• Musical competence is an especially important alternative for kids who are not natural athletes in schools where sports are the primary out-of-school activities. Like sports, music teaches teamwork, discipline and the value of making progress toward a goal.
  • Best of all, playing an instrument is a skill that can be enjoyed and shared over a lifetime.

So why does giving a child music lessons often go so wrong? Both Ted’s and Angela’s parents’

hearts were in the right place. But they, like many parents, failed to understand that providing lessons would not make their kids into musicians if practicing was a chore instead of a pleasure.

Music educators are clear: Kids’ success in music depends on parental involvement. Ideally, music lessons are something we do with our kids, not to them.

Here are 6 common mistakes parents make that make kids less likely to stick with an instrument:

  1. They don’t make music the soundtrack of family life. Families that produce musicians often make music a regular and important part of every day. The radio goes on with lively music when the family gets up. Family members sing during trips to the store or while carpooling. They boogie together while doing chores. During dinner and homework time, calming classical music is played in the background. Kids who grow up with many kinds of music as a daily accompaniment to their activities absorb its pleasures and its language.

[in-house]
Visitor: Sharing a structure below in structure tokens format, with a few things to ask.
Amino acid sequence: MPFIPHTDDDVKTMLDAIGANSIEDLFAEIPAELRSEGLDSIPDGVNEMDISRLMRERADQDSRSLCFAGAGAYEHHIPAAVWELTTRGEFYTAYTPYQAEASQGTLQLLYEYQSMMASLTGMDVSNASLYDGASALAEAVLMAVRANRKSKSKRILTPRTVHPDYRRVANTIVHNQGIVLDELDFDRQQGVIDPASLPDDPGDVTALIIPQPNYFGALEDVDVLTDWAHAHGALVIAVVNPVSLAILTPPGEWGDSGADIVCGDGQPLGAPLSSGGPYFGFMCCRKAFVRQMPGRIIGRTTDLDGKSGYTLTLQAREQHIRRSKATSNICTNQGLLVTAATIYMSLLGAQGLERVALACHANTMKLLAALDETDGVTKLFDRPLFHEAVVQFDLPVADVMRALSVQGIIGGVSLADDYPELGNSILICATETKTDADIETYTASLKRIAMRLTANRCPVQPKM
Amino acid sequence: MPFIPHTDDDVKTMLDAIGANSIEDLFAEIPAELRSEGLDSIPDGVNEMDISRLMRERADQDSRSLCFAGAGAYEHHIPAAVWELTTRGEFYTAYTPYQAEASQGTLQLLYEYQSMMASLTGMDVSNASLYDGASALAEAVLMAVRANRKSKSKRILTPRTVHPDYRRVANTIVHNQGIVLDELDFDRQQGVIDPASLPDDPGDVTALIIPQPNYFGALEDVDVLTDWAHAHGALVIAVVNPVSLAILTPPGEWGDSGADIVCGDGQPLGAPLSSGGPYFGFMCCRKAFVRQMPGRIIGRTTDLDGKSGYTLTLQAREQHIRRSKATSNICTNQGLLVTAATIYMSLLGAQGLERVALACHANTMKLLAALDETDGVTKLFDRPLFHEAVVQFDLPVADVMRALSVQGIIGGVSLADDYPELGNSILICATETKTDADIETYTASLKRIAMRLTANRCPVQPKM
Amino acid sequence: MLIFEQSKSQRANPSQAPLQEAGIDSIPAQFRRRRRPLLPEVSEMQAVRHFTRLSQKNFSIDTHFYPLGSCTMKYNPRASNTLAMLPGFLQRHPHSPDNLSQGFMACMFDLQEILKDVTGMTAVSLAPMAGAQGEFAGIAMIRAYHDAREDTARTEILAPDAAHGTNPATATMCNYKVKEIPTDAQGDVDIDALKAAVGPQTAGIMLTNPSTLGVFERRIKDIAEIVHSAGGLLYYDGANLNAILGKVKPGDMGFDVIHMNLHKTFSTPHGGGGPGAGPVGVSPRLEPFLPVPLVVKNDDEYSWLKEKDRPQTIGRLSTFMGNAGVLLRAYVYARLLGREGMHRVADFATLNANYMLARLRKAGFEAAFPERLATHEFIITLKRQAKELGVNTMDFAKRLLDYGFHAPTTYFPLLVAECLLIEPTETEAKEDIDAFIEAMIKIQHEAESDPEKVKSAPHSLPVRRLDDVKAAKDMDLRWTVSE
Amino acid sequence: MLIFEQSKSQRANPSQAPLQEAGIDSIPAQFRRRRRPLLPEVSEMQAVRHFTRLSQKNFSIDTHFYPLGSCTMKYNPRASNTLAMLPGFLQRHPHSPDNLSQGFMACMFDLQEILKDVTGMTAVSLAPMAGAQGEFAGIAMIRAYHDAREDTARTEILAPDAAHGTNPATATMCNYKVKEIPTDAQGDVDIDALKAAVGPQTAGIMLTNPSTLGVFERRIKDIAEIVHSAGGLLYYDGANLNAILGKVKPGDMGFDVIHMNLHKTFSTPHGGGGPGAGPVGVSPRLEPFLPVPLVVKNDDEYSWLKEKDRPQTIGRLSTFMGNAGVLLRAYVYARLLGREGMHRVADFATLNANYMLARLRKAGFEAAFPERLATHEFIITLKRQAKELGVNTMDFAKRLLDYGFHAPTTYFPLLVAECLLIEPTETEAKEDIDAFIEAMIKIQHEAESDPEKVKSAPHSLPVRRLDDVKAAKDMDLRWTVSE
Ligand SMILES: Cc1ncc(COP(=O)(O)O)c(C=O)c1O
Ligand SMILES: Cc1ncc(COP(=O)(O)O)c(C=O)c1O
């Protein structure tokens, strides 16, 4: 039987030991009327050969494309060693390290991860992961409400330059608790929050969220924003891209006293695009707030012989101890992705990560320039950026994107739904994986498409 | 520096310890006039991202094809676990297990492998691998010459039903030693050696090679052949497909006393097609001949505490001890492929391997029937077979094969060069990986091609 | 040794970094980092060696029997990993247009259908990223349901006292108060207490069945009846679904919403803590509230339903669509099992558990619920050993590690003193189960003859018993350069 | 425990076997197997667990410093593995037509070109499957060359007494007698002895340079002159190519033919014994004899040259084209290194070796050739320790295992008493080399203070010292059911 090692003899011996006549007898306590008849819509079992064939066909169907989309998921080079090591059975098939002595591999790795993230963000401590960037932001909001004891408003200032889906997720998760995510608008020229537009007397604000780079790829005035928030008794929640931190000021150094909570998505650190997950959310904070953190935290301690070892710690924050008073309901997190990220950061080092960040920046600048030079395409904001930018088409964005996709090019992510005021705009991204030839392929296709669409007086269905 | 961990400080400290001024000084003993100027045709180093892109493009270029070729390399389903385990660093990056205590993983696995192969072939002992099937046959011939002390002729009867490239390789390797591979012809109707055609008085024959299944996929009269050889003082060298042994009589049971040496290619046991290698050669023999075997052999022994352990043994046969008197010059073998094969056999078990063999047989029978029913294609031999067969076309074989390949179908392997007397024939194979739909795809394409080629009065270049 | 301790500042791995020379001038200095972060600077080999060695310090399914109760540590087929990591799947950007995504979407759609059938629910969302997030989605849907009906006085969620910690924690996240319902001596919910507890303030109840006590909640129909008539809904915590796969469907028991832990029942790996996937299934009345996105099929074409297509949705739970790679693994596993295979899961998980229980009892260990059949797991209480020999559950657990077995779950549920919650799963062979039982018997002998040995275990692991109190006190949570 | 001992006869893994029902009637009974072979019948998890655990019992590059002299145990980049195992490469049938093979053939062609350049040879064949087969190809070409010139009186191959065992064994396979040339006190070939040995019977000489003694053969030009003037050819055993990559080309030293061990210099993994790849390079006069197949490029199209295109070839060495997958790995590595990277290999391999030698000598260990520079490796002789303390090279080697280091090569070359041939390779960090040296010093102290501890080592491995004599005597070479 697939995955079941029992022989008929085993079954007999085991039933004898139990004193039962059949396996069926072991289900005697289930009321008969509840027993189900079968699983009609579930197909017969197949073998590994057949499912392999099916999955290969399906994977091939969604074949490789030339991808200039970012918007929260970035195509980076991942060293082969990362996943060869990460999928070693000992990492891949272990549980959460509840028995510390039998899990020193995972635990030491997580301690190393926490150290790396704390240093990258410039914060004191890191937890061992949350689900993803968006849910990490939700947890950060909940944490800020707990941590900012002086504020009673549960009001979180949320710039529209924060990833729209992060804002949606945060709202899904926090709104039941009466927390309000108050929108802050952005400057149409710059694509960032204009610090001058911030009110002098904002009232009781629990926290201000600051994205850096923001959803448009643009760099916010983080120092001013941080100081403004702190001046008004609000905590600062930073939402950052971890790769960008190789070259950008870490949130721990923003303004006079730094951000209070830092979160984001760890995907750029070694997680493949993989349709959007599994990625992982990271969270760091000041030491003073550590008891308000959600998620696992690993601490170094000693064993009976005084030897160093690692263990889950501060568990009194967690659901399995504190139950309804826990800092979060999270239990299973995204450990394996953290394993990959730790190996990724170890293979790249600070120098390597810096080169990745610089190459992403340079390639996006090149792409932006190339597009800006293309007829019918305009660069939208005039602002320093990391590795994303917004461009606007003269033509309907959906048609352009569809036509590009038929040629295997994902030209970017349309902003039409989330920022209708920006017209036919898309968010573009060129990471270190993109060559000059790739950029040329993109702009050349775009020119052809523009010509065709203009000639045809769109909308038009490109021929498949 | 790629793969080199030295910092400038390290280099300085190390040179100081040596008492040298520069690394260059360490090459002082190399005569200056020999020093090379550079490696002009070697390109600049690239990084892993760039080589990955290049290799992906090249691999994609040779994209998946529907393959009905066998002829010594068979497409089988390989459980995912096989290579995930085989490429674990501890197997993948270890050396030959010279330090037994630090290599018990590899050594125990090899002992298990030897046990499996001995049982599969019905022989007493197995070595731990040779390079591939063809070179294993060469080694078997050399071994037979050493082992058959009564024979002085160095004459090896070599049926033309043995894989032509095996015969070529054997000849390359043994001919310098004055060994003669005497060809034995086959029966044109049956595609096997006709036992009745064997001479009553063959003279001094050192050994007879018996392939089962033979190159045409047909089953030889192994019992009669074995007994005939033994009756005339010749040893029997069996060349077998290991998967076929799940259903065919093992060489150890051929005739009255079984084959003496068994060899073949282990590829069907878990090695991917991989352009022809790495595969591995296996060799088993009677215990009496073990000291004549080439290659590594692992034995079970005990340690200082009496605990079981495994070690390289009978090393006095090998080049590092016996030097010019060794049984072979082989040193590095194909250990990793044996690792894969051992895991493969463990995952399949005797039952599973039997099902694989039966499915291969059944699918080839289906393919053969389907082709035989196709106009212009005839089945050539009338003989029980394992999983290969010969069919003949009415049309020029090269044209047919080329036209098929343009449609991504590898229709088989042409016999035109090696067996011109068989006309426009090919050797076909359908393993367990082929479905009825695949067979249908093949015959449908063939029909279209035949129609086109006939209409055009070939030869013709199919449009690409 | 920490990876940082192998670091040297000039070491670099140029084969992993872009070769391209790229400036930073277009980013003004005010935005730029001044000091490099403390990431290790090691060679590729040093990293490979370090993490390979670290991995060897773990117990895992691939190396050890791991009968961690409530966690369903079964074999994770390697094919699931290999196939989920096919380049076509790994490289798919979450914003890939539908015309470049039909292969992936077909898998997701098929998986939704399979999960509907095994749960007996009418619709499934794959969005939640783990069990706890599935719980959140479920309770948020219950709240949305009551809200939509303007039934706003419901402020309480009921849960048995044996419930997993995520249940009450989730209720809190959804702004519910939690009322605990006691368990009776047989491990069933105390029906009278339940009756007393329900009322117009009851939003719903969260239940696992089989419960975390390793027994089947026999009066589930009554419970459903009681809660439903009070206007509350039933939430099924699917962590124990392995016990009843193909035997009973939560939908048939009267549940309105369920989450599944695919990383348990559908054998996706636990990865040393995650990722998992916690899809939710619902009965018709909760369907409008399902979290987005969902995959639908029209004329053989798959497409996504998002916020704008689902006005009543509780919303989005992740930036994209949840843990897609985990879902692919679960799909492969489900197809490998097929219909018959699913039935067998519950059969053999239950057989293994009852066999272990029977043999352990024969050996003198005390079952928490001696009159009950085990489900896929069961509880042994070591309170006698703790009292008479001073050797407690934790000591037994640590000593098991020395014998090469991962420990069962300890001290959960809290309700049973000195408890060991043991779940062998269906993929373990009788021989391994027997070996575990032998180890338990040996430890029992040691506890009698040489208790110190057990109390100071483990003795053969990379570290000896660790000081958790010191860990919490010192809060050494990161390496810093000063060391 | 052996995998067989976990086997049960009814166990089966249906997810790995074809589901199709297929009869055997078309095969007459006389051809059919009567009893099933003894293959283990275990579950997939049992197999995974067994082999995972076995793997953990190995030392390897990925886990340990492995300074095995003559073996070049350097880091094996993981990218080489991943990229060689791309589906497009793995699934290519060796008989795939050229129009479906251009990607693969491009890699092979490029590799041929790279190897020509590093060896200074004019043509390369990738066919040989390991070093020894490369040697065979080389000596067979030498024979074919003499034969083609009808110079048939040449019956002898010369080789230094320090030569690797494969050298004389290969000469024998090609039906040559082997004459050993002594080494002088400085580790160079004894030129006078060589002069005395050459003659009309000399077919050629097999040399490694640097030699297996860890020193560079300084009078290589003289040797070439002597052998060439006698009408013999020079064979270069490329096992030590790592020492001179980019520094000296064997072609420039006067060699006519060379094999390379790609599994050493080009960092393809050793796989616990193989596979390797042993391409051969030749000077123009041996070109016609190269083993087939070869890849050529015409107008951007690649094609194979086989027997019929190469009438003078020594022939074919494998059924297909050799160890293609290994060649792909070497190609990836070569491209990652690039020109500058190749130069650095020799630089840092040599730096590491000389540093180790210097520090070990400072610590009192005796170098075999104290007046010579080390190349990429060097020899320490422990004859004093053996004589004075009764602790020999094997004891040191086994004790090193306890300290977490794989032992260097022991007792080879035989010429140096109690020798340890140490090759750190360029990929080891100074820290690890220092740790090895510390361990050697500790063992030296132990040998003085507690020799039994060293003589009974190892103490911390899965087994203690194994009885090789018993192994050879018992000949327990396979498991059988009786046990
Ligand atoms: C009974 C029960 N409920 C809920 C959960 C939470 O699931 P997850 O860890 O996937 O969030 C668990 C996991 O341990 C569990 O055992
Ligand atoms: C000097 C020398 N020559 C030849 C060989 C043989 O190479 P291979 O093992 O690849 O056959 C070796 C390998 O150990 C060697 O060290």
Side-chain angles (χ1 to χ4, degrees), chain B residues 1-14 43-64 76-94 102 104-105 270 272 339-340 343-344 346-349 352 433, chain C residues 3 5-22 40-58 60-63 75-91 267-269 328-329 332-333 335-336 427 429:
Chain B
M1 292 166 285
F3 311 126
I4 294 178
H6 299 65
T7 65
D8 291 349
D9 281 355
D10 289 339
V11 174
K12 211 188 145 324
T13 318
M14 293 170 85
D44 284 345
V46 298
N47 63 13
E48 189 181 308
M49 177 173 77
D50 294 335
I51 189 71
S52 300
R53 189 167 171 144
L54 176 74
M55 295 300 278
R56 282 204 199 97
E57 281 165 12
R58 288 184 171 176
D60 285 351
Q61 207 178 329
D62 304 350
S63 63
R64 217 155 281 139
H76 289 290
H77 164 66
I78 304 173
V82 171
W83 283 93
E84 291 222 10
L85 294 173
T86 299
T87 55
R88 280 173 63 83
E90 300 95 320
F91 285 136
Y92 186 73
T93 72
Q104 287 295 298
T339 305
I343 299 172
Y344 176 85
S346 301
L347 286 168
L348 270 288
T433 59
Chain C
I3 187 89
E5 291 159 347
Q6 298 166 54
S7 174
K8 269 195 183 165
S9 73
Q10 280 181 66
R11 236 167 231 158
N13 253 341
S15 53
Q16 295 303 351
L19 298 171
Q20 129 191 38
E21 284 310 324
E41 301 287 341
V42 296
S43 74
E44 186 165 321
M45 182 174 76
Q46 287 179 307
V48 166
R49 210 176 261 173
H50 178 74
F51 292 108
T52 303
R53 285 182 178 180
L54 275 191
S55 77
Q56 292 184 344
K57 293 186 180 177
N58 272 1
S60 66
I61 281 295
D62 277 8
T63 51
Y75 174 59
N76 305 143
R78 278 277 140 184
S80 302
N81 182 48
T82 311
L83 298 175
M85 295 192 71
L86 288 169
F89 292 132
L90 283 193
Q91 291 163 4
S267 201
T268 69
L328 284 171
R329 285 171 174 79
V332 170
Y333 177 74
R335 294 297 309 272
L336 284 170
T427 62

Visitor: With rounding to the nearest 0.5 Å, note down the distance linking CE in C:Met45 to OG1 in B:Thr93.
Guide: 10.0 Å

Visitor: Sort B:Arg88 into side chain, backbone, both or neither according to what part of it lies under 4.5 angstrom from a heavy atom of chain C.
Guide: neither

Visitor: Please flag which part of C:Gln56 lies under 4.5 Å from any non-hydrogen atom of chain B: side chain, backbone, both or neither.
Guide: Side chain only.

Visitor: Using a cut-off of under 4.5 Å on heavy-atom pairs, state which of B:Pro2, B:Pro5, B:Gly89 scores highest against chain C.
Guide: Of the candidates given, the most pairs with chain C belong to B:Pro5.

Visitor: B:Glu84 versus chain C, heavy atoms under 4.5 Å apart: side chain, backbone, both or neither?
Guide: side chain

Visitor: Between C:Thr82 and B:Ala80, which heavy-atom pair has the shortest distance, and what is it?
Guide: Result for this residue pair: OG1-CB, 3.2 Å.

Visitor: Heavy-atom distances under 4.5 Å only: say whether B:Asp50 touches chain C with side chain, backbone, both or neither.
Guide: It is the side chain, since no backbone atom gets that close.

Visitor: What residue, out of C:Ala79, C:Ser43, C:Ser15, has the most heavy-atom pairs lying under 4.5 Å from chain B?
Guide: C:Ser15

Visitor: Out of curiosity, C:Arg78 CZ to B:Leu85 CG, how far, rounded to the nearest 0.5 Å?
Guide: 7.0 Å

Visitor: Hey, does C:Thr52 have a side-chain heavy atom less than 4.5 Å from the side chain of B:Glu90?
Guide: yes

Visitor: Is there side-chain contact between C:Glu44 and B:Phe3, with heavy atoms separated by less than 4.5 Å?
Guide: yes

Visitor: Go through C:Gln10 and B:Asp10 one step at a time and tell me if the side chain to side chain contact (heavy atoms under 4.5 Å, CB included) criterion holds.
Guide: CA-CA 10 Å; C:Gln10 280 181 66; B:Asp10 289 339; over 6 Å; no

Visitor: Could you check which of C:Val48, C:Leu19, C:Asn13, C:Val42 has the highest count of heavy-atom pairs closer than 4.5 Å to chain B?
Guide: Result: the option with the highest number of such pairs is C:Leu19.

2. In a case of “do what I say, not what I do”, they make their kids take lessons without making music themselves. Kids are copycats. When a parent takes lessons and/or spends a half hour or more a day happily working on mastering an instrument, the children see it as simply part of growing up. When making music gives the adults pleasure, kids learn that doing so is pleasurable.
  3. Wait too long to start kids on instruments. Little ones can be encouraged to bang on a pot with spoons, to jingle some bells or to hammer on a xylophone. It’s not noise. The child is learning about beat and about cause and effect. As she grows, more complicated ways to make music can be added. Kids as young as 3 can try out the piano or violin or drums. If you don’t believe it, check out Youtube videos of preschoolers who outplay adults.